THE MERCY RULE by Perri Klass (Houghton Mifflin, July, 2008)
Review by Nancy Yanes-Hoffman, THE WRITING DOCTOR, at www.writingdoctor.typepad.com, email: firstname.lastname@example.org, 585-385-1515
16 San Rafael Drive, Rochester NY 14618
Can women do it all? Perri Klass, the multitasking pediatrician-writer and author of THE MERCY RULE (Houghton Mifflin, July, 2008), seems to manage it. But Dr Lucy Weiss, Klass's alter ego and central character, seems less sure what she can and cannot do. As for me, I wonder what Klass is trying to say about how well working women can fulfill their responsibilities to family and patients—or whether they risk losing themselves along the way.
Rereading THE MERCY RULE, I’m still not sure where I stand. My daughter objects to Klass, arguing that she is smug, that her tone implies that yes, certain women can do it all. But Lucy has so many balls in the air that she finally becomes partially disconnected from her family, from the lost women she works with in her job, and even from herself.
With THE MERCY RULE, form follows function. Honing in on the complications of balancing the demands of the medical profession with the equally (even more?) demanding profession of being as good a parent--and a wife-- as possible, THE MERCY RULE feels more like a group short story than a novel.
The title asks questions that it does not answer. For the benefit of the non-cognoscenti like me, Wikipedia defines the “mercy rule” as a sports expression, also known as the slaughter rule. The mercy rule ends the game “when one team has a very large and presumably insurmountable lead over the other.” It quits when the team is ahead. In the Little League where Freddy, Lucy’s odd, mathematically sharp and socially inadept son, plays, the coach calls the game because of the Mercy Rule. A billionaire father, out to have his son outplay the boys, protests, “In life, there are no Mercy Rules.” Although she believes that “life is full of Mercy Rules, and I follow them as much as I can,” she doesn’t say a word to the obnoxious billionaire.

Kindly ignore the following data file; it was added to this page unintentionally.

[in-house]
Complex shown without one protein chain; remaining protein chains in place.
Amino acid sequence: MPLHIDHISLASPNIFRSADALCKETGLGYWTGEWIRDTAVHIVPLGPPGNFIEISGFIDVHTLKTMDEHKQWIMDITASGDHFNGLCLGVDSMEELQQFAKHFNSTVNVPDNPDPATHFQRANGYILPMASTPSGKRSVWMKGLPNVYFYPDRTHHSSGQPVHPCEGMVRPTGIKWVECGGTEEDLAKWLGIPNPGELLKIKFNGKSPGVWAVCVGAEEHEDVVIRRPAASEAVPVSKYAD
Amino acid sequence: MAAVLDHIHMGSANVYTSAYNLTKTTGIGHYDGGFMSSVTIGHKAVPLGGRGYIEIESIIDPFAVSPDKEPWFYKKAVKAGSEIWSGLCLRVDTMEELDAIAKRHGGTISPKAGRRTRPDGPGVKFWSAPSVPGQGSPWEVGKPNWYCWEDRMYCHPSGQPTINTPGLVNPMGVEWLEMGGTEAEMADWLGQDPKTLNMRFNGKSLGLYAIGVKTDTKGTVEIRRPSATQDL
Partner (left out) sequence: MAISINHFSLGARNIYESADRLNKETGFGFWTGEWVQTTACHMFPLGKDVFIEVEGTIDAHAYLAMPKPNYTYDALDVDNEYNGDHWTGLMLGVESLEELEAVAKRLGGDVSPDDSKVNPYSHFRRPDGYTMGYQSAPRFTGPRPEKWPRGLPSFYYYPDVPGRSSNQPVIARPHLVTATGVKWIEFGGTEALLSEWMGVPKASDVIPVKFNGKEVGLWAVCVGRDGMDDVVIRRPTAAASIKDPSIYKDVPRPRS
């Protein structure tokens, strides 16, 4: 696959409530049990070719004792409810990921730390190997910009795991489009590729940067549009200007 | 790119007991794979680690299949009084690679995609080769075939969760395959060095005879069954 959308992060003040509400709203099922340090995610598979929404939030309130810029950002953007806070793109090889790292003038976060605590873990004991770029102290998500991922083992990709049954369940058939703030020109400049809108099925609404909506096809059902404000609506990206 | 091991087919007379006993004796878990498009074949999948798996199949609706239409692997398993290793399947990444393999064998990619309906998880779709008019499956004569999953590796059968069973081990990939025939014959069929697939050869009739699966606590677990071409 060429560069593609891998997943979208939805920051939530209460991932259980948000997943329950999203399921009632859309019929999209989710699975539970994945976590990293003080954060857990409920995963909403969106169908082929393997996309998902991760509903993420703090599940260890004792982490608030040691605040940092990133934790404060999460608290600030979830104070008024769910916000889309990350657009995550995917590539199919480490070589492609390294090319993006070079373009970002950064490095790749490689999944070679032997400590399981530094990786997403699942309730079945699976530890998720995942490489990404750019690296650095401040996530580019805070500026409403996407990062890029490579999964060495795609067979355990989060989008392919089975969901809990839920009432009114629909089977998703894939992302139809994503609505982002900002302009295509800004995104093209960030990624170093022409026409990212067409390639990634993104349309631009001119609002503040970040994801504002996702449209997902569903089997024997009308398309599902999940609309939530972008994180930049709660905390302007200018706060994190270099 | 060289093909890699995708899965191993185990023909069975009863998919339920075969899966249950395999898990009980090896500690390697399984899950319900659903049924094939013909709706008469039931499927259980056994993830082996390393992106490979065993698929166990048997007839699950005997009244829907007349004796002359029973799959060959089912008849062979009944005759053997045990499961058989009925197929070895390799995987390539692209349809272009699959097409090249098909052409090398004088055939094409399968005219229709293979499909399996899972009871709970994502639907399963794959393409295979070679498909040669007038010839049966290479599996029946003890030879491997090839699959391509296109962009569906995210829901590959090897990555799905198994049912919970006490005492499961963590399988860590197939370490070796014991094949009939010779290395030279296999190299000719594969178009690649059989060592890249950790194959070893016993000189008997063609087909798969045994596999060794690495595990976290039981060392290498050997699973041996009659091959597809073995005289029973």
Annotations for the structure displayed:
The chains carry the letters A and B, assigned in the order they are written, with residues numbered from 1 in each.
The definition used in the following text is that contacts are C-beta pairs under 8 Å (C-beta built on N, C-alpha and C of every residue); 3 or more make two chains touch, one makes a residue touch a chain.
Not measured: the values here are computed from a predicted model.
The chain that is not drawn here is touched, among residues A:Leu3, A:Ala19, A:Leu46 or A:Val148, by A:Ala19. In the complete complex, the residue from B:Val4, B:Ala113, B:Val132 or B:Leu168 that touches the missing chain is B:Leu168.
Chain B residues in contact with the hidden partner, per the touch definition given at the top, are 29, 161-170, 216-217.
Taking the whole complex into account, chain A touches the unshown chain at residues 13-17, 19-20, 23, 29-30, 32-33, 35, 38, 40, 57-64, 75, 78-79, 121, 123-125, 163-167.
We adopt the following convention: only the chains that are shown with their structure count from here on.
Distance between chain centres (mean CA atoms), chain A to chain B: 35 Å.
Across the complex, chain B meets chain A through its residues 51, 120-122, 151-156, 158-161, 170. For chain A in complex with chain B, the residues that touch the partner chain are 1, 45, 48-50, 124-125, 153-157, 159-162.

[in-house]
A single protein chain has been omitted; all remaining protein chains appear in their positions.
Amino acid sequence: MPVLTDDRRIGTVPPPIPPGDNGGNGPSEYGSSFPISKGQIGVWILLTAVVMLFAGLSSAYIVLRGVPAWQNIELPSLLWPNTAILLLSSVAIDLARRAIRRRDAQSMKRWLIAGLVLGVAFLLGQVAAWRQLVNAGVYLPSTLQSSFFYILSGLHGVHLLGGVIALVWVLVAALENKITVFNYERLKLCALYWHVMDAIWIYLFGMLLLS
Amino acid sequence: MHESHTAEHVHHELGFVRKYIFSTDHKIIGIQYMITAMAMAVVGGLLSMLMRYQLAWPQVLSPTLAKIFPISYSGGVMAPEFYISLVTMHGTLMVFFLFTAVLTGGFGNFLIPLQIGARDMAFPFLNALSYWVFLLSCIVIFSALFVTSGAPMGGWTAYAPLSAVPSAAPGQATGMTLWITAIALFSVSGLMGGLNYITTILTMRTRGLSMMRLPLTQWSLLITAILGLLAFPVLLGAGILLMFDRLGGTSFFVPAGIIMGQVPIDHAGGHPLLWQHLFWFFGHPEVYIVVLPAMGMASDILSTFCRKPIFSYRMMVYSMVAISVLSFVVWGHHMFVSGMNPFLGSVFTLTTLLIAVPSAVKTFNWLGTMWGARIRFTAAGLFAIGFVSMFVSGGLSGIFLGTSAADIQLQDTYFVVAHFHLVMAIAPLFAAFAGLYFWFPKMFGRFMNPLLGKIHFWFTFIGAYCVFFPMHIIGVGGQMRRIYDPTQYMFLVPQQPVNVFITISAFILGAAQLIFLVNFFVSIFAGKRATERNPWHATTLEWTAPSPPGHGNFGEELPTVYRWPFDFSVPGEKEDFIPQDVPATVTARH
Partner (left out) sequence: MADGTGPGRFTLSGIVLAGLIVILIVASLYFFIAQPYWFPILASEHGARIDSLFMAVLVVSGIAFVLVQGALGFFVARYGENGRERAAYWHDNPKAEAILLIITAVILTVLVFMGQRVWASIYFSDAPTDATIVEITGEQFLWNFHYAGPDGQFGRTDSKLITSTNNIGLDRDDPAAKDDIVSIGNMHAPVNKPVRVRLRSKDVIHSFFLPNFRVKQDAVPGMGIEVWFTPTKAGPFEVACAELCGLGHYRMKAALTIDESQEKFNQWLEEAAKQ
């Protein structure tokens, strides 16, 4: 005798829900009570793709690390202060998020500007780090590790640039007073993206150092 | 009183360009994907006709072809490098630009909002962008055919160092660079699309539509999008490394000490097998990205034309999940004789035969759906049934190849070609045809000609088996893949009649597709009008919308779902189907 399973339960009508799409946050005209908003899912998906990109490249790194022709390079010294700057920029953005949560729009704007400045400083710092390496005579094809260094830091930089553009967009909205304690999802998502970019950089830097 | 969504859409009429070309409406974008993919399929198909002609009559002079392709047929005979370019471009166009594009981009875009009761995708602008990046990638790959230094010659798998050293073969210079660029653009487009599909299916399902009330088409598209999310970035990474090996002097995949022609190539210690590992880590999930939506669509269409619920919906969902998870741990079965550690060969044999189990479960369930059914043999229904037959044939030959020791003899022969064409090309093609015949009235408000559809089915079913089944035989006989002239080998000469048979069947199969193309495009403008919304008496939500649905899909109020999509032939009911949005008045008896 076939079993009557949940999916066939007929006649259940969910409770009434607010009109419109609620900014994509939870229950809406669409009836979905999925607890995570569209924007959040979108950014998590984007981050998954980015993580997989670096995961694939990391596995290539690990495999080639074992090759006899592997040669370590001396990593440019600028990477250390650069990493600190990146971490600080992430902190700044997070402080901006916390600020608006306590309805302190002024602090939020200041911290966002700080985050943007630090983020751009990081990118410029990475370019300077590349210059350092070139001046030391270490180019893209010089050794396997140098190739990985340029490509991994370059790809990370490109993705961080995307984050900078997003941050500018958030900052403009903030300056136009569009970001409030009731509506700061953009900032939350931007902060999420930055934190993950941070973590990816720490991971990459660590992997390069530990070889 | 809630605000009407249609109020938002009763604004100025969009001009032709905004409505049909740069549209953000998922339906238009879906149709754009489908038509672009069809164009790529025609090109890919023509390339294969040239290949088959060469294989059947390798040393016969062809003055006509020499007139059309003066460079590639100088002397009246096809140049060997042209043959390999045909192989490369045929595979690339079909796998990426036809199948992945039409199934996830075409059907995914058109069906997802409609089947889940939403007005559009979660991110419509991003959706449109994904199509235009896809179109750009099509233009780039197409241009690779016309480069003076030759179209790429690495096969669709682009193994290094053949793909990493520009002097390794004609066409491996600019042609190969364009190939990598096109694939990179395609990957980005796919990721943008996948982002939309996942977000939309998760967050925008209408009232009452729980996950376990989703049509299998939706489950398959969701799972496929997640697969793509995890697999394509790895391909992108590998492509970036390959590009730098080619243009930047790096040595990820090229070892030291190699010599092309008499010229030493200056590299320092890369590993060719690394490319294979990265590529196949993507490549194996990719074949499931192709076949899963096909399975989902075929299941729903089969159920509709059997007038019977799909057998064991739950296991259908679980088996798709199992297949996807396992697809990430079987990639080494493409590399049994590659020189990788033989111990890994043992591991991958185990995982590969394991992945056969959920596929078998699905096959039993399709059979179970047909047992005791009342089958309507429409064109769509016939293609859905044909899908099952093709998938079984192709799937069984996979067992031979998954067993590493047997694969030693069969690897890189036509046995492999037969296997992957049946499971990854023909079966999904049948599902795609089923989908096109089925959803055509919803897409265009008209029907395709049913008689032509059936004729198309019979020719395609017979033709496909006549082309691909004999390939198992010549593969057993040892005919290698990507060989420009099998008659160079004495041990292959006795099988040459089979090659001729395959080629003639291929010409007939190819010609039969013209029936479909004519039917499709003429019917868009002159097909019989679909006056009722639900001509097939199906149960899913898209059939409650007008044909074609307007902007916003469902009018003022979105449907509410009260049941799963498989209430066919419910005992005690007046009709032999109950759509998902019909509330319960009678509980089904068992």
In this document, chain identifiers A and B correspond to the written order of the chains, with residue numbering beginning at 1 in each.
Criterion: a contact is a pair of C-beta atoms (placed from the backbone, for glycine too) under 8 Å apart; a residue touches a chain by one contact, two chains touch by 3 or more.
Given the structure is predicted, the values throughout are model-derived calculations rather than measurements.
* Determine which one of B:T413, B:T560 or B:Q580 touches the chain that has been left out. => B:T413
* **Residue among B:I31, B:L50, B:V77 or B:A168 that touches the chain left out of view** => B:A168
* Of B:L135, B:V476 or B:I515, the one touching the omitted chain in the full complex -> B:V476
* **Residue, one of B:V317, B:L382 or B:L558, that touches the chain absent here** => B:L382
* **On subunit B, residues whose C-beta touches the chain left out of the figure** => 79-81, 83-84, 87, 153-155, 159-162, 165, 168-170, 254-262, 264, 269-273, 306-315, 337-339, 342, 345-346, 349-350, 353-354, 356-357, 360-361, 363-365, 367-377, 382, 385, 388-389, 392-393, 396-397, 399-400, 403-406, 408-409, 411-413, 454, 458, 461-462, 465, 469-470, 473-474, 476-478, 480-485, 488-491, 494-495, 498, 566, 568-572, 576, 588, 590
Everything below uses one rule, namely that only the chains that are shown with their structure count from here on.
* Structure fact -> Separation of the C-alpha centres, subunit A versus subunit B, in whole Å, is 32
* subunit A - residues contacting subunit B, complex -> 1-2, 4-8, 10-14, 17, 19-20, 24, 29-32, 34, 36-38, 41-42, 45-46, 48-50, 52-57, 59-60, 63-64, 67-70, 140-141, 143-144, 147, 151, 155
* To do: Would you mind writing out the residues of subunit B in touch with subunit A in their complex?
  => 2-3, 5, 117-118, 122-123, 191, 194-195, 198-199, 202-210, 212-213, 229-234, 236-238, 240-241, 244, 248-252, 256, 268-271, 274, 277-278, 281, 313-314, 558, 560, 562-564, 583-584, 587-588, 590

Once a foster child going from hand to mouth and foster home to foster home, Lucy was saved when her beloved sixth grade teacher adopted her. Lucy Weiss is then a survivor, a pediatrician running a Boston clinic for neglected children and their forgetful, abandoning mothers. The stories are about judging parents and children, figuring out what parents and outsiders can do to make children’s lives better.
Although Lucy attempts to balance her family life with her professional job, she suffers from a lack of focus, most disturbingly in the last section where the narrative voice changes and speaks dizzyingly to the reader:
“If you are in any kind of trouble, call me,” concludes the unidentified narrator, ostensibly speaking for Lucy. “Find a way to call me. Call me from anywhere…I want to know we are connected. I will always answer…always hear…always come. Look what the phones can do, nowadays. Look how that can change the story. And the right connection at the right moment is all it takes.”
But cell phones don’t always work. Connections falter. As a result, even though Lucy’s group short story might make an interesting selection for a book club, it gets a little lost on the road. Finally, we don’t know where we –or Lucy—can go from here.
Klass's Treatment Kind and Fair: Letters to a Young Doctor considers the struggle between medicine and family more clearly than this novel and leaves the reader with much more to think about. It would be a good place for Lucy to go next.